#1 Crush

Dinner:  November 13, 2008

Some people dream of dining at the French Laundry, Chez Panisse, or El Bulli, but honestly, I think my dream restaurant dinner would be at Lucques. I mean, Suzanne Goin just gets it, and every main dish or side or sauce that I’ve made, either direct from her book or inspired by it, has been a major hit.

nuts

This Romesco, for instance, almost didn’t make it to our plates because after my first taste of it, I couldn’t stop scooping it out of the food processor by the spoonful. All I could think about this morning was “man, I wish I had some Romesco.” It might have replaced harissa as my latest food crush.

chiles+tomatoes

The rest of the meal was simple: crisp roasted potatoes, some green leaves, sautéed Spanish mackerel filets with a squeeze of lemon juice, but the Romesco was the star. I want to put it on everything. I bet you will, too.

Romesco (adapted from Sunday Suppers at Lucques by Suzanne Goin)

5 Ancho chiles (we were out, so I substituted Guajillos)
2 T raw almonds
2T blanched hazelnuts (forgot to blanch mine – oops)
1 ¼ c extra virgin olive oil (I didn’t measure. Don’t act like you’re surprised.)
1 slice country bread, about 1 inch thick (I used two slices of Seven Stars multigrain)
1/3 cup canned San Marzano tomatoes
1 clove garlic, chopped
1 T chopped flat leaf parsley
½ lemon for juicing (we had more Meyers than regular lemons, so I used one of those)
Kosher salt

Preheat the oven to 375. Soak the chiles in hot water for about 15 minutes, then seed and stem them. Spread the nuts on a baking sheet and toast them for 8-10 minutes. Remove from the oven and set aside. Fry the bread in a bit of the olive oil, then let it cool and cut into cubes. Return the pan to the stove, heat the chiles for about 2 minutes, then add the tomatoes. Cook them until they break down and the juices are reduced, then turn off the heat and set aside.

Pulse the nuts, bread and garlic in a food processor, then add the chile and tomato mixture and pulse again to combine. Pour in more olive oil while the machine is running until you have the texture you want. Taste for seasoning, then stir in the lemon juice and parsley.

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13 thoughts on “#1 Crush

  1. Marcos Castrillon says:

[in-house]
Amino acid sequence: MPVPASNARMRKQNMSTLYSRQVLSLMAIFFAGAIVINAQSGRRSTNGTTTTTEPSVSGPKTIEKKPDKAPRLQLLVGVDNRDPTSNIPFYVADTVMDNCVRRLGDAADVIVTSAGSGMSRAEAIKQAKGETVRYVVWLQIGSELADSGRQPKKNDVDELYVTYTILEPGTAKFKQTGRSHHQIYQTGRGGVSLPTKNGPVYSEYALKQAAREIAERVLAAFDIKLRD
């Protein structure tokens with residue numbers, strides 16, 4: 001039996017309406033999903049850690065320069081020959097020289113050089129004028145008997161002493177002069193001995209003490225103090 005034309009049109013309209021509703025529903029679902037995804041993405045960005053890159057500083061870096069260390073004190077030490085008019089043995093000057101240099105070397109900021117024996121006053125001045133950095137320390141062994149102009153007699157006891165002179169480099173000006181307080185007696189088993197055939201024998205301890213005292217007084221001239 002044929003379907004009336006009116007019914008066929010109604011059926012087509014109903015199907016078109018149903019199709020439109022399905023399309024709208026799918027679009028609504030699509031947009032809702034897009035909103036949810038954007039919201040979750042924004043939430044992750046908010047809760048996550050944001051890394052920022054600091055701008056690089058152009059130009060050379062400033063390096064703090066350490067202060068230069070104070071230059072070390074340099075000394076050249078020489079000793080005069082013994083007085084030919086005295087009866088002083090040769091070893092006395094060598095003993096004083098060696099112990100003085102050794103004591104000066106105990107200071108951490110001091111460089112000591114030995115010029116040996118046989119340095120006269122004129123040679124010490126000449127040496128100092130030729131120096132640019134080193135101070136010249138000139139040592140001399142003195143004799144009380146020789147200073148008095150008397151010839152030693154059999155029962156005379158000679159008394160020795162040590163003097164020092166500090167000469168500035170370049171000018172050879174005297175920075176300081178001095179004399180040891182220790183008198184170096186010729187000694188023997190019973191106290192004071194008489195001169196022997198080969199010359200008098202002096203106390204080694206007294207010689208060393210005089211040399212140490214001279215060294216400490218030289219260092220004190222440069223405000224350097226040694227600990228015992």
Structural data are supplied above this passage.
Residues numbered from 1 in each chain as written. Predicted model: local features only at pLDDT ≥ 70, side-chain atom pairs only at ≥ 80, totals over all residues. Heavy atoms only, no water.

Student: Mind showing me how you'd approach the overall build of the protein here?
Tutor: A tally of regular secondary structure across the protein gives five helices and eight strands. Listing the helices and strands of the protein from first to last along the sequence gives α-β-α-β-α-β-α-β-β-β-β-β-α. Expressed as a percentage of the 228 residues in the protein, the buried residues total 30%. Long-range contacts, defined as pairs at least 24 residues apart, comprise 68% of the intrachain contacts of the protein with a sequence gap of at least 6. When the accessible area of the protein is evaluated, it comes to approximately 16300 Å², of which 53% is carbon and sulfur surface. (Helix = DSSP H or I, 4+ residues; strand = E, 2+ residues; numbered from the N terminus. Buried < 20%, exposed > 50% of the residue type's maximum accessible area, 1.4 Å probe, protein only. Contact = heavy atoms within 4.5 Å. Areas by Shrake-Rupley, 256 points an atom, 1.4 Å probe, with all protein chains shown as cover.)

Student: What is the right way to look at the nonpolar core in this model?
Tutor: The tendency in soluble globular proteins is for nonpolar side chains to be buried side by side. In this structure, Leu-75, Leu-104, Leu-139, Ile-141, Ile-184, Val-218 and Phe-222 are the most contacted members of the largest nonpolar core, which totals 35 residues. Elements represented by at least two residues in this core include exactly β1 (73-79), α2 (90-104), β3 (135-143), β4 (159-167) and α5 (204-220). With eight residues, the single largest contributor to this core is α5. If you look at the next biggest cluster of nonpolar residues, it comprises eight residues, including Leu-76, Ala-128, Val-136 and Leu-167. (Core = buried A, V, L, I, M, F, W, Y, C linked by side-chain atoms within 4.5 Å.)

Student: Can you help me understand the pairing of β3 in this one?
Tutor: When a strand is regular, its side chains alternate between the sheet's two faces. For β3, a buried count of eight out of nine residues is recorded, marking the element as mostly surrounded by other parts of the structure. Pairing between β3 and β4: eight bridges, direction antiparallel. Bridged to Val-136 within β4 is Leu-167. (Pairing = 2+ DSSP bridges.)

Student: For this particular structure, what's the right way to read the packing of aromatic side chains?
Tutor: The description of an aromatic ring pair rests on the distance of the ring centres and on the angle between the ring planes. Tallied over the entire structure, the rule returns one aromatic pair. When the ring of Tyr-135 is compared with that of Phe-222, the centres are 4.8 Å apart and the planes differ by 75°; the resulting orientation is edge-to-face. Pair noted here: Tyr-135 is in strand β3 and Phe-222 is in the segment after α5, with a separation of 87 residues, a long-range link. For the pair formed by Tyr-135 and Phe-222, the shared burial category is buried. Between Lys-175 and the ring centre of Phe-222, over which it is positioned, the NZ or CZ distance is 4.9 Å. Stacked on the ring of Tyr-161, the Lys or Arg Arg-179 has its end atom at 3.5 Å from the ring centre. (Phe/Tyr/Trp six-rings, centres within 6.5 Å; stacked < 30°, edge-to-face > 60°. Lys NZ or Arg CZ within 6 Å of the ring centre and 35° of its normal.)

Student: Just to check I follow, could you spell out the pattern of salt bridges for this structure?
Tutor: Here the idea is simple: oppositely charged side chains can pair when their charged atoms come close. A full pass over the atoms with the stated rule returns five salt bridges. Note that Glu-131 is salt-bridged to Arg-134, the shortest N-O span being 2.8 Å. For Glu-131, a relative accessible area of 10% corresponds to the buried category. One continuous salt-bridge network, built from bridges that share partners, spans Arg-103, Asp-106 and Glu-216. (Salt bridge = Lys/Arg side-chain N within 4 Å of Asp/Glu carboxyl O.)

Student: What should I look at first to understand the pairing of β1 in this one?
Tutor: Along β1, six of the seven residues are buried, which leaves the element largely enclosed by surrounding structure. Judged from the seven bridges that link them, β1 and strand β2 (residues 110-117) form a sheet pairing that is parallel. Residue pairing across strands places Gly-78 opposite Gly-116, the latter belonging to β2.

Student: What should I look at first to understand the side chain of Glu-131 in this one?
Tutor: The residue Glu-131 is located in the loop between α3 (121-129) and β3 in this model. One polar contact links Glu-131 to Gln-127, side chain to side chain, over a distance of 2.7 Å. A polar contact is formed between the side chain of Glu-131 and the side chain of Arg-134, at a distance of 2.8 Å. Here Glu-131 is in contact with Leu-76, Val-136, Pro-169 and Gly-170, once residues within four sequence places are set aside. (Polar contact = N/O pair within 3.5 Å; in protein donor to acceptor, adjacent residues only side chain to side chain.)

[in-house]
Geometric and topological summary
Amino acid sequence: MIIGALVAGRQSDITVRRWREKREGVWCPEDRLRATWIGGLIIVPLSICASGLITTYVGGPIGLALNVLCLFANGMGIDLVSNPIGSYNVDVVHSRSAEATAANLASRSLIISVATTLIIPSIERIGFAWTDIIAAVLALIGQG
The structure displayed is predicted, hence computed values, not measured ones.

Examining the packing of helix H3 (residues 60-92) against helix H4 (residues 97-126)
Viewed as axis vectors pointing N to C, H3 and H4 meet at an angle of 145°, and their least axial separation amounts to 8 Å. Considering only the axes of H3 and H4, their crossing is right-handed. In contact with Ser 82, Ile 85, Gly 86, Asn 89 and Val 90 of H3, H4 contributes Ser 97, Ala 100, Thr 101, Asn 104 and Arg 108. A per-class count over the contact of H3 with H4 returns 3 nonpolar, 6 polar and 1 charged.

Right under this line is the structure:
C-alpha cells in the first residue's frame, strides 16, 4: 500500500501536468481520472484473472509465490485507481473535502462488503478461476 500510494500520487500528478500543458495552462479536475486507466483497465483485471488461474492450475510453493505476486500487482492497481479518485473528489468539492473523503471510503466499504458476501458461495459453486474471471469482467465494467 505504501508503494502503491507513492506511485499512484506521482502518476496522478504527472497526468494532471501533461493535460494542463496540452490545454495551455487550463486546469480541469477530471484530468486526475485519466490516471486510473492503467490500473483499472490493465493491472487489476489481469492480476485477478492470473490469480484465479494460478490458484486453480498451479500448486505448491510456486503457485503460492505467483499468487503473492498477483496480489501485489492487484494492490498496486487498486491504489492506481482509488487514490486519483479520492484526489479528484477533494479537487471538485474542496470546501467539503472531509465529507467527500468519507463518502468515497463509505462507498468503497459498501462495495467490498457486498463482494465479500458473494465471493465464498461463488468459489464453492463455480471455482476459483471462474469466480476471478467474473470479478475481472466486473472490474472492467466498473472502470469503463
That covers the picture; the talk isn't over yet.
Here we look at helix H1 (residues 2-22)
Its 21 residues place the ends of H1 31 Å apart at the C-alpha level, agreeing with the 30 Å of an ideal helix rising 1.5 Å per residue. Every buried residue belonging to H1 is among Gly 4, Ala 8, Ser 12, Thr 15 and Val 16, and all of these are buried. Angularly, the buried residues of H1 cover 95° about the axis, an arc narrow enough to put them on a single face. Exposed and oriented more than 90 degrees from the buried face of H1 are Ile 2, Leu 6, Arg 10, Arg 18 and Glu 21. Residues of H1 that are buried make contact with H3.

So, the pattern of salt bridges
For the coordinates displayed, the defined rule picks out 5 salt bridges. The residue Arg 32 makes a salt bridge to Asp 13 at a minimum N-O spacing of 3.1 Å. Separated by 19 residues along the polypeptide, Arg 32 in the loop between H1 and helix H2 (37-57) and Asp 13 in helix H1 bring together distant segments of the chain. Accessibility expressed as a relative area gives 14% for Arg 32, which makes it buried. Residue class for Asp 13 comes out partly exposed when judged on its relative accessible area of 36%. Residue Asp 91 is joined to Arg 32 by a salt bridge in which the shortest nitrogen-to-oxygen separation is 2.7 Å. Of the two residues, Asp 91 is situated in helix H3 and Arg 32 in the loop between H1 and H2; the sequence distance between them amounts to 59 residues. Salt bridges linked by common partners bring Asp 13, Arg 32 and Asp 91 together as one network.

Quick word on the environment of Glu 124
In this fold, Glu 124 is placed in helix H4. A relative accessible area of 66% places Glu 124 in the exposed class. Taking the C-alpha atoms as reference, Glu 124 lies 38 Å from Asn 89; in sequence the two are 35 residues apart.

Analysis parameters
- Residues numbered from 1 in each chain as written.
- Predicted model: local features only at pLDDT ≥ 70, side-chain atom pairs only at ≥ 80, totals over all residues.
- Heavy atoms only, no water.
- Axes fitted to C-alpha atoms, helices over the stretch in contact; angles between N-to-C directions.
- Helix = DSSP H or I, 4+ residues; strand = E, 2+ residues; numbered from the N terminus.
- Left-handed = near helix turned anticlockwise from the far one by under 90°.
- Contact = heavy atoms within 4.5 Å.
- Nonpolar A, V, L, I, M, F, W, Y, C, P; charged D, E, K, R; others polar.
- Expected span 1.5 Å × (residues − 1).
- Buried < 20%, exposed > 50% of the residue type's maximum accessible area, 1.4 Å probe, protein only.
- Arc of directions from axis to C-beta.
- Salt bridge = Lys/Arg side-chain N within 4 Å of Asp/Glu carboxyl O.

Like always, that looks yummy.
    The romesco looks a bit dense, though. And I always find weird how US filleted mackerel lacks the beautiful tiger stripes of the whole fish.
    Anyway, did you watch Bourdain’s episode on Spain? Anthony was enthralled by what it probably is the best way to eat romesco, as a dipping sauce for freshly grilled calçots (green sprouted onions).
    If you still have a garden you should really consider planting some onions, cut the tops, bury them and let them regrow as calçots.
    Heavenly stuff, I swear.

  2. Sarah says:

    Interesting! I lived in Spain years ago and never had romesco, what a shame! Just a couple of days ago Jacques Pepin was making it on TV, I thought it would overpower the striped bass he put it on, what do you think?

  3. Marcos Castrillón says:

    To Marie:
    Not me, that’s a Catalonian tradition and I’m Galician. But yeah, they do cut the top of the onion and then the bulb (not the leaves) is planted again.
    By doing so, the onions grow wildly, kinda like leeks and they develop a milder taste. During spring, many catalonians gather in the family masías (farms) and party, with wine and grilled calçots (the overgrown onions) as the centerpiece of the feast.
    They are very, VERY messy to eat, though.
    The whole process was shown in this Season’s Spain episode in Anthony Bourdain’s No Reservations.
    I’m still mad the punk has visited most of Spain but Galicia, though.

  4. i also have the sunday suppers cookbook and everything i make is incredible. my husband took me to lucques for my birthday this year and it was just as good as i dreamed! it is definitely worth the trip!

  5. Tine Nielsen says:

    Hi Jen,

    I have read your blog for a while and gotten many inspirational ideas!
    Last night I made the romesco and it was delicious!!! Thank you so much for sharing your recipe!

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